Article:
VISIT THE POTTERY MUSEUM OF RED WING

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WHAT WILL YOU DISCOVER?

Dozens of displays highlight both the common and rare examples of products produced in Red Wing pottery factories, including stoneware, art pottery, and dinnerware. Several exhibits feature artifacts used daily in the production of various clay products. Displays of finished products demonstrate the wide range of items produced by the Red Wing pottery industry including hand decorated, salt glazed stoneware of the highest quality, molded zinc stoneware, advertising ware, art pottery, and dinnerware. The Museum also contains an important collection of memorabilia, vintage photographs, and products related to the local clay industry to provide for current and future educational experiences and scholarly endeavors.

 

STONEWARE

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From beautiful salt glazed folk art to durable zinc glaze stoneware, these utilitarian pieces are displayed in a timeline that shows how they changed over time when impacted by need and later by modern inventions, such as refrigeration.​

ADVERTISING STONEWARE

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From the late 1800s to the 1930s, many merchants sold their wares in Red Wing crocks, pots, and jugs stamped with their company advertising. Numerous examples of these advertising pieces, stamped with unique designs and text under the glaze, are on display.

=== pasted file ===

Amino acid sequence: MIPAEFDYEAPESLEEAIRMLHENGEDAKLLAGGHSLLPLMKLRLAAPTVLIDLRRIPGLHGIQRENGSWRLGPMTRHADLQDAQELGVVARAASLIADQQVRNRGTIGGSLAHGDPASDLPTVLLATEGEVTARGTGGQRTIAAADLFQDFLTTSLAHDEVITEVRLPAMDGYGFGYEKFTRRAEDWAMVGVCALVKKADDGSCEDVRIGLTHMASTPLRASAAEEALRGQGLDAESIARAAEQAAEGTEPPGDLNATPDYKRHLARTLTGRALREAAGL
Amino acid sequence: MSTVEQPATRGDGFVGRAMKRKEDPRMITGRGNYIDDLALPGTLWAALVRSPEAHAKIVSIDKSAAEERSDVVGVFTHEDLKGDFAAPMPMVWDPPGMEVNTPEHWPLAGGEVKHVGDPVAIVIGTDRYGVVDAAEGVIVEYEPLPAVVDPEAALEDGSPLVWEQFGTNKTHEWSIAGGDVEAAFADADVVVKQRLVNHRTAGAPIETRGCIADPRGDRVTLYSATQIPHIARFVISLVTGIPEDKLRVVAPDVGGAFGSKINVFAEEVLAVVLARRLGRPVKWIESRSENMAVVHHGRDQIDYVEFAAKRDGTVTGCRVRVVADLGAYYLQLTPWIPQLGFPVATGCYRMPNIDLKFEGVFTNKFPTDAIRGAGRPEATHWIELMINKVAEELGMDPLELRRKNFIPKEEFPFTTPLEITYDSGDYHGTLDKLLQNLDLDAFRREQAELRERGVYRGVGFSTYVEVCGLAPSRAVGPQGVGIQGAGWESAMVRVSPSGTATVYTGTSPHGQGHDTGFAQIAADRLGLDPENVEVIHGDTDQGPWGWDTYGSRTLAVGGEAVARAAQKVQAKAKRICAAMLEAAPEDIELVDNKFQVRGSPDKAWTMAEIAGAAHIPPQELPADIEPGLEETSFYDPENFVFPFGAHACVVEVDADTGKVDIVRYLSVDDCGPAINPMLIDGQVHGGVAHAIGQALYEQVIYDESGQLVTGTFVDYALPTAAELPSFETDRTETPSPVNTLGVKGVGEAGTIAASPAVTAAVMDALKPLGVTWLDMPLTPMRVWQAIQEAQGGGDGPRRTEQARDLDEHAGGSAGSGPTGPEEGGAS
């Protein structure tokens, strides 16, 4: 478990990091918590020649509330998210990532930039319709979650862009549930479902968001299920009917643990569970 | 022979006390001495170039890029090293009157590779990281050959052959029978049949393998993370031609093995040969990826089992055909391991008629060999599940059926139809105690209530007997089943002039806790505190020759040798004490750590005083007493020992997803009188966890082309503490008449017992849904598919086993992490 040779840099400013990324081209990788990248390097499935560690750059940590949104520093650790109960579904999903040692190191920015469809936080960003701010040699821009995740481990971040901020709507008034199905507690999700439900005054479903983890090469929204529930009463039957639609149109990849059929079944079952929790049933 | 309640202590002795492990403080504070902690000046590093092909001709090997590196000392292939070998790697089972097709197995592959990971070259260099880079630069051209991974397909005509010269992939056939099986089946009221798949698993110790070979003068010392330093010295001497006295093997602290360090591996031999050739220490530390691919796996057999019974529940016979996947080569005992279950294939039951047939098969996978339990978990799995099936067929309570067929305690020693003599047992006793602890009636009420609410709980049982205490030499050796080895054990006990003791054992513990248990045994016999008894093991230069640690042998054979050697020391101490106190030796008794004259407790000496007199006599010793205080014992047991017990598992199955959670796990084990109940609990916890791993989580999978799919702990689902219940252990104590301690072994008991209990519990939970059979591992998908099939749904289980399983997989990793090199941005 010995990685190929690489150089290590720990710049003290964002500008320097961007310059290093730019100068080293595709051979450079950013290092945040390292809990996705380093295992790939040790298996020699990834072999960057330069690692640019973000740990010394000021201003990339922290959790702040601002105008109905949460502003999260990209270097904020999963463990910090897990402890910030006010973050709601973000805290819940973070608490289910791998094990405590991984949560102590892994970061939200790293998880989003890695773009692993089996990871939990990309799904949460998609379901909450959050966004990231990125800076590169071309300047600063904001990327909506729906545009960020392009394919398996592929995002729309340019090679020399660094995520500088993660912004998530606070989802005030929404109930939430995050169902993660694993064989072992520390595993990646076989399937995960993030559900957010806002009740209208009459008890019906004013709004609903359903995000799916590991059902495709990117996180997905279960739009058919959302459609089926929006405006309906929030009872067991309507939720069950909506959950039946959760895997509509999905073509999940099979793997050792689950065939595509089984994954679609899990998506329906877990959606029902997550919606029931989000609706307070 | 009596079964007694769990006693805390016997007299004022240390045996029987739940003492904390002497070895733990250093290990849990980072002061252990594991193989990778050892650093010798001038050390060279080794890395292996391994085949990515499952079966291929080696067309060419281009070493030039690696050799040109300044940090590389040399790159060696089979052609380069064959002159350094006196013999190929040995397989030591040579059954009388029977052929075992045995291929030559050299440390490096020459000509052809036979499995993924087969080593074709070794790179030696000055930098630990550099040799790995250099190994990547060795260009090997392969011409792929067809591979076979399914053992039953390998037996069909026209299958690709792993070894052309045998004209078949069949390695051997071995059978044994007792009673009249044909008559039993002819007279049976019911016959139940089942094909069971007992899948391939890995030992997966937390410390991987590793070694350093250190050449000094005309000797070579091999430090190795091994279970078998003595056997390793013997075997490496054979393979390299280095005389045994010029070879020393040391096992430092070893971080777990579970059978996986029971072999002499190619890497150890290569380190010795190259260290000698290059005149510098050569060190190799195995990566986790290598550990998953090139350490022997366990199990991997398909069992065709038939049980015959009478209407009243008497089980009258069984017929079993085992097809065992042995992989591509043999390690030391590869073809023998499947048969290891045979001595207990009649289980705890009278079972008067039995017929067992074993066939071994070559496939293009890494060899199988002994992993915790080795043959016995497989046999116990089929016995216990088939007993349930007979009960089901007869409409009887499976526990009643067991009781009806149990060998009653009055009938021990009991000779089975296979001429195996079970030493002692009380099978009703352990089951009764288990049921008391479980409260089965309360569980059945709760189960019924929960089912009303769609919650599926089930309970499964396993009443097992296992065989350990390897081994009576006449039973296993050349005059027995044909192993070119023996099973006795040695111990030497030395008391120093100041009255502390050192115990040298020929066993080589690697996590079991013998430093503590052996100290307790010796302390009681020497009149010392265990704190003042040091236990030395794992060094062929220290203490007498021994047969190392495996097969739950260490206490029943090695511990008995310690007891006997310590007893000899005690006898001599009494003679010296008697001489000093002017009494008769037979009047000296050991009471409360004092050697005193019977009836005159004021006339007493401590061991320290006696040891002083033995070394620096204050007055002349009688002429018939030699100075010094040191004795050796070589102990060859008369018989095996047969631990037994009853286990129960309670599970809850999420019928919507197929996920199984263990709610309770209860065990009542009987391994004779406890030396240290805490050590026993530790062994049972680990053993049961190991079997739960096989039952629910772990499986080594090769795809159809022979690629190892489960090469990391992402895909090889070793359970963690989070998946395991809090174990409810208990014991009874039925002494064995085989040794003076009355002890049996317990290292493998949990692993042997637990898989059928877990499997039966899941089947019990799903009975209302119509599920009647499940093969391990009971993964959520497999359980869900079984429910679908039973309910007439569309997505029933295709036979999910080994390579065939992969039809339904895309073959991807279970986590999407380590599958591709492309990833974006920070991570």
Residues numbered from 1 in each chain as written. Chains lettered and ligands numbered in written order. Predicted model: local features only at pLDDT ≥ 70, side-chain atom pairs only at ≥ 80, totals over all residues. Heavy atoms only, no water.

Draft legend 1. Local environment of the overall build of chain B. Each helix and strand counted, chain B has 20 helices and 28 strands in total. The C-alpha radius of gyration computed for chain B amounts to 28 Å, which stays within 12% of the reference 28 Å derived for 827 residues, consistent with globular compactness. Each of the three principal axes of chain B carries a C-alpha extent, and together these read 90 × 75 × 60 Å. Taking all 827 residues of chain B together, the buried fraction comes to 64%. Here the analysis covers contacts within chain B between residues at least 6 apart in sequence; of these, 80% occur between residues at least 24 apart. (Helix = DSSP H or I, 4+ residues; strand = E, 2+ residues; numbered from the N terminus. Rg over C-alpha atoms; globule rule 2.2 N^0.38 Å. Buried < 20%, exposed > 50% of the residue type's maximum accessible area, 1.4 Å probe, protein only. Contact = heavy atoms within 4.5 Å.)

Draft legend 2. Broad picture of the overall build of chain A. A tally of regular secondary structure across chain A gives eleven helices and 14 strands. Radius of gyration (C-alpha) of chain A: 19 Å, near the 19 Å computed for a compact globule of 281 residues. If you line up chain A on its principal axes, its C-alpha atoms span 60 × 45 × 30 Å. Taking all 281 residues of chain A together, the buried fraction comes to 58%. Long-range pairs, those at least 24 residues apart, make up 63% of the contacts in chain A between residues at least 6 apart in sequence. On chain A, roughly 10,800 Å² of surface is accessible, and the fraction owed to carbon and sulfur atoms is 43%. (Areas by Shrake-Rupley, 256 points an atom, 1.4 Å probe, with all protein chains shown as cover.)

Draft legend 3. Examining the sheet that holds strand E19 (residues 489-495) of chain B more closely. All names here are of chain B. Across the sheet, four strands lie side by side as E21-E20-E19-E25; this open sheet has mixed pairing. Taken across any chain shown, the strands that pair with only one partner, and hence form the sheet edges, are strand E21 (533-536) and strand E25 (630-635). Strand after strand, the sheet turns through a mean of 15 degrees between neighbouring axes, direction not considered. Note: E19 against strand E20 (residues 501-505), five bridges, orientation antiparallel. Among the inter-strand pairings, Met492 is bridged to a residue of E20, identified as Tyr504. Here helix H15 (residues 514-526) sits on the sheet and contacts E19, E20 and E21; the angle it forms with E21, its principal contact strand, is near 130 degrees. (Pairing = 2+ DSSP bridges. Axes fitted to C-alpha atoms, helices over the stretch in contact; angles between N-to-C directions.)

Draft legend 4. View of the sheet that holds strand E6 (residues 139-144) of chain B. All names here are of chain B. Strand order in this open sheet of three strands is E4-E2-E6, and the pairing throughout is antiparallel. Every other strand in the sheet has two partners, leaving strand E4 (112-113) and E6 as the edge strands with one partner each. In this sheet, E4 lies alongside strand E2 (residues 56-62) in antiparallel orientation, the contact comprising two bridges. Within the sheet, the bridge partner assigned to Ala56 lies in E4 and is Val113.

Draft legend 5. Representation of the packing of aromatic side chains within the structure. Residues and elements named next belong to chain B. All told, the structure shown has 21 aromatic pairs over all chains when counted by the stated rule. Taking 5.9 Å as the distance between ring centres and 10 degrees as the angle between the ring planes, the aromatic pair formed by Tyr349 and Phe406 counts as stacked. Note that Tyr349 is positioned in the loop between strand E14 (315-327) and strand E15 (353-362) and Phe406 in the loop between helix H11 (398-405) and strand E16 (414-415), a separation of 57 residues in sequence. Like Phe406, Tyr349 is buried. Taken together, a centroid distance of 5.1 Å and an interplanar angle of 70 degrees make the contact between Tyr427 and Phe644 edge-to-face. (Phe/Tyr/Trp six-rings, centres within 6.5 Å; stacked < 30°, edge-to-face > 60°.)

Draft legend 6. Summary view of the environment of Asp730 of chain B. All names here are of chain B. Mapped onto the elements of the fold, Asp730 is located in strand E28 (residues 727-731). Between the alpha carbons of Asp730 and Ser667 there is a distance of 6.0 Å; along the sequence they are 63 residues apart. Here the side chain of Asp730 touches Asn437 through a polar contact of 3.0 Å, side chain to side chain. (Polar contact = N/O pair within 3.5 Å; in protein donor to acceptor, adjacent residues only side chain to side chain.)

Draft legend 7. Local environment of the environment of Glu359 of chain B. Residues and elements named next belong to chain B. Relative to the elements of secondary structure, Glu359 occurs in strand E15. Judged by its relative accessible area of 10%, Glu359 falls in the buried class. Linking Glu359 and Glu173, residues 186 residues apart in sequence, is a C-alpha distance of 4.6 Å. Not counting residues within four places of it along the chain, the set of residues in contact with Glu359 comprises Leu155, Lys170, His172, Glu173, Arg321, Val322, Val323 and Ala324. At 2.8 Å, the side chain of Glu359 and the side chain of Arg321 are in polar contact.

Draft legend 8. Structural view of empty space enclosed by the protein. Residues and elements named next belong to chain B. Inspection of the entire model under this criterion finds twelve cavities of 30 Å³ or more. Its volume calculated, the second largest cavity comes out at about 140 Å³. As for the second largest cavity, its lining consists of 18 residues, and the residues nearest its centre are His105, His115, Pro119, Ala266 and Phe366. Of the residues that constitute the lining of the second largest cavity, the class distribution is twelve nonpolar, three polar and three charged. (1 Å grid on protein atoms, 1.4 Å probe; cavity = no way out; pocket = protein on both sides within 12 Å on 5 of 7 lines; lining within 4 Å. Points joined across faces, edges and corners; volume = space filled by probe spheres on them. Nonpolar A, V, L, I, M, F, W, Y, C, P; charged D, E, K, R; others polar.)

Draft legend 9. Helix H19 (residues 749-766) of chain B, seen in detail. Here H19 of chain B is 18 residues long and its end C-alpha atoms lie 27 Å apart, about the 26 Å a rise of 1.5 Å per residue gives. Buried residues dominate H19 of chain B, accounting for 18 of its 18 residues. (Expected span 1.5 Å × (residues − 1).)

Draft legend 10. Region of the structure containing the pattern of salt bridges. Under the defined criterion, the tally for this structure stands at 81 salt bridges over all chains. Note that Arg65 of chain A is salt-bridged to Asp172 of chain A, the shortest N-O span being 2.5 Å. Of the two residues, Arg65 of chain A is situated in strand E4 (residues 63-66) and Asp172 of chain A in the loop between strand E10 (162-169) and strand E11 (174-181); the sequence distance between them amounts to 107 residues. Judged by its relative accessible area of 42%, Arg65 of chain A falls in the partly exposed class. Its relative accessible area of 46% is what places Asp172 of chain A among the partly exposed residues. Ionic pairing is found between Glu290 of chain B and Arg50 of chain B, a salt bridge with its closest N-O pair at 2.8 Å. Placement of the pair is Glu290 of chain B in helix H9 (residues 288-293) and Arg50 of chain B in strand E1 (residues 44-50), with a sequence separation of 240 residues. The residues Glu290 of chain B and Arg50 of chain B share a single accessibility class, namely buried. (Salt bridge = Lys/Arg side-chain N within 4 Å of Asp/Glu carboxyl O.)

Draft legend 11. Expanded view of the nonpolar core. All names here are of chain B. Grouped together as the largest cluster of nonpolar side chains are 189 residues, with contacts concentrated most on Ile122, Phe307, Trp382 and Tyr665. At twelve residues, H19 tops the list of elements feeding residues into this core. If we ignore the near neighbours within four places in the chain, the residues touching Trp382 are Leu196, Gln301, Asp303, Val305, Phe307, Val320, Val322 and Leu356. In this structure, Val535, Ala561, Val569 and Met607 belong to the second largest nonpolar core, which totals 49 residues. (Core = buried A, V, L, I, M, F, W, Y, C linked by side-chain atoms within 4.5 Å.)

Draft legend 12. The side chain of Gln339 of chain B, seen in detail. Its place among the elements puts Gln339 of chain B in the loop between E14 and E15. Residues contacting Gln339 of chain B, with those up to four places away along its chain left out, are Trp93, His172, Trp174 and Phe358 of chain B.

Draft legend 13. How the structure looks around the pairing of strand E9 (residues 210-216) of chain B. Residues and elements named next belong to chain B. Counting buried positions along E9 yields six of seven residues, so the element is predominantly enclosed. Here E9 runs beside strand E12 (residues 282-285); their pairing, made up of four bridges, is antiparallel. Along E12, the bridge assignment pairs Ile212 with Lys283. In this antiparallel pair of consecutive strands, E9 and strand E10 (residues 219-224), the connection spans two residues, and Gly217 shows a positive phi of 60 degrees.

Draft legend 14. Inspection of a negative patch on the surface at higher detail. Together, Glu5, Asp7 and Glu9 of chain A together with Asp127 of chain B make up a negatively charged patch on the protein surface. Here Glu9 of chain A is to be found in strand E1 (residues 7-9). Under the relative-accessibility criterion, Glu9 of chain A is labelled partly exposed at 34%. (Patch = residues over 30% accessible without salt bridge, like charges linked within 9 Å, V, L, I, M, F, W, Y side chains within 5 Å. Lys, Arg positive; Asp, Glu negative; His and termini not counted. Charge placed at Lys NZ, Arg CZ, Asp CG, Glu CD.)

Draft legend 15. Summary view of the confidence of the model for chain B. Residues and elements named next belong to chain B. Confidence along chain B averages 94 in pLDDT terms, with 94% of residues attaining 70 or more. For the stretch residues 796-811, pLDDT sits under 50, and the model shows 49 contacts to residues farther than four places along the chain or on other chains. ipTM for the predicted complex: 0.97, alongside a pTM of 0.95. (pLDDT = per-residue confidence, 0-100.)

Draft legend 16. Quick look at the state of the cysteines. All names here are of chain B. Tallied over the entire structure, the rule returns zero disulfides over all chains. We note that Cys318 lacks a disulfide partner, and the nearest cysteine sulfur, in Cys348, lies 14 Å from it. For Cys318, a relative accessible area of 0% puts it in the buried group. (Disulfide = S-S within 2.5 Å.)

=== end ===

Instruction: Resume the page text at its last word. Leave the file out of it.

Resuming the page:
VINTAGE PHOTOGRAPHS

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The Pottery Museum has a treasure trove of vintage photographs, many by photographer Phil Revoir.
The collection contains over 2000 photographs, depicting the history of the pottery companies and illustrating how the ware was manufactured.  

ART POTTERY

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Unique designs and shapes glazed in a wide variety of colors are on display. Many pieces were designed by famous artists like Belle Kogan, Eva Zeisel and 
Charles Murphy.

LUNCH HOUR PIECES

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Sometimes, during free time or a lunch break, pottery workers created unique pieces for themselves, family members, or friends. The Museum has many examples of these prized pieces of folk art.

DINNERWARE

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You are sure to recognize something from your childhood when you see the 100+ patterns of dinnerware, including teapots and cookie jars, produced by Red Wing potteries, most of them hand painted.

  

For decades, Americans throughout the country encountered the
clay products of Red Wing in their daily lives.
A visit to the Museum is likely to bring back warm memories of family meals
and the Red Wing products used to prepare and serve them.